Amidst regulatory action, some bills in Congress have proposed exempting certain industries from PFAS Superfund liability. Those seeking “passive receiver” designations did not manufacture or use PFAS, but rather have “passively” received them through a myriad of products in the day-to-day nature of the industry. While it is unclear what type of remedial action would be necessary to eliminate PFAS exposure, Superfund liability could run into the millions of dollars for each recycling facility and require further compliance efforts to mitigate against clean water and clean air acts contamination in addition to other environmental justice actions. For more information on the PFAS reporting and recordkeeping Rules, read ISRI News.

On the state level, a patchwork of laws exist for PFAS in food packaging, currently spanning 12 states. This patchwork makes it difficult for companies to strategize their supply chain and distribution. California and New York were the first to pass laws regulating PFAS in food packaging. Their regulations are similar, with both prohibiting intentionally added PFAS in plant fiber-based food packaging. Both states’ laws went into effect at the beginning of 2023. Vermont became the first state to enact a law that applies to all food packaging, rather than just fiber-based packs that went effective July 1, 2023. Rhode Island was next with an effective date that was extended to July 2024.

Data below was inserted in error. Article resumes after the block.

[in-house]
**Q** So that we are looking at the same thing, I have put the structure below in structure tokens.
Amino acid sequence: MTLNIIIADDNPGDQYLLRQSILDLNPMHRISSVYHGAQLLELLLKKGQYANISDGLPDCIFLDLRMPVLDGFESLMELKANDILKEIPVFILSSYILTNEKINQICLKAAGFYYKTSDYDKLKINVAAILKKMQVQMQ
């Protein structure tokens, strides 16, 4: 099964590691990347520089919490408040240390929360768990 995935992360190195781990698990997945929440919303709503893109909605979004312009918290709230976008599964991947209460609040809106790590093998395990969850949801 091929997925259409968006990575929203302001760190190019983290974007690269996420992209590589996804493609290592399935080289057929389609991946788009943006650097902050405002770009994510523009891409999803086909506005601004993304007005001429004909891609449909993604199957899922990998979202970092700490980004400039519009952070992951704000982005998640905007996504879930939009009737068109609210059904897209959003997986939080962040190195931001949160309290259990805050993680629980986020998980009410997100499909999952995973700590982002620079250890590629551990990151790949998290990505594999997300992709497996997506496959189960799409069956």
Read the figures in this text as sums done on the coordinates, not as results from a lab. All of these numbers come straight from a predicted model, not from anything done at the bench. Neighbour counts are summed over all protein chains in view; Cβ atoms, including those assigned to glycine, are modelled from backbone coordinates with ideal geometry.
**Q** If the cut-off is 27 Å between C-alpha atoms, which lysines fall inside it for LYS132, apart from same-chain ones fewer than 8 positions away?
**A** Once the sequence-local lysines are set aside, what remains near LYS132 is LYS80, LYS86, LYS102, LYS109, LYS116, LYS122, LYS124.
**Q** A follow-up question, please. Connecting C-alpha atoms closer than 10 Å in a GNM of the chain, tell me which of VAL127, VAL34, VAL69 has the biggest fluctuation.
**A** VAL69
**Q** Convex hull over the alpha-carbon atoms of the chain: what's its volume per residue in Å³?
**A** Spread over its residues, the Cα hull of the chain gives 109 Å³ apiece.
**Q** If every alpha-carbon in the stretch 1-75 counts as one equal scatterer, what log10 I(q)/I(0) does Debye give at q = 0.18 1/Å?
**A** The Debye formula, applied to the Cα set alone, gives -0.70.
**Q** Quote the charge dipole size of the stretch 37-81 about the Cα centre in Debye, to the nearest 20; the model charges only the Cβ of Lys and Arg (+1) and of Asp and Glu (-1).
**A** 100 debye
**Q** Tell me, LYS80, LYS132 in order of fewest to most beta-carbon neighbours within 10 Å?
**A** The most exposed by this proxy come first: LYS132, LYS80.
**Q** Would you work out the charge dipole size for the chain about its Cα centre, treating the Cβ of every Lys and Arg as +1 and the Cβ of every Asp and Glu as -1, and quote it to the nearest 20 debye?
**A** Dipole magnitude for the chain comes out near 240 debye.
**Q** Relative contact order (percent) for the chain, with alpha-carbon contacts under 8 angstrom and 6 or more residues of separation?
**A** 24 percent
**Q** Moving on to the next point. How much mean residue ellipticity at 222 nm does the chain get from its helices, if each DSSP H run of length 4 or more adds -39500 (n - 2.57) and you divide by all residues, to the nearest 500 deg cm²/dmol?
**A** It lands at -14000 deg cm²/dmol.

As states develop PFAS guidance and regulations, ISRI is actively participating as the voice of the industry. In October 2023, ISRI submitted comments to the Minnesota Pollution Control Agency regarding its draft PFAS guidance. Areas of concern highlighted by ISRI include PFAS testing and remediation requirements in EJ or stormwater permitting, potential targeting of shredders and automotive shredder residue, the historical use of PFAS in firefighting foam as a target for cleanup and liability actions, and how PFAS product bans might affect the use of recycled content.

Materials Theft & Catalytic Converters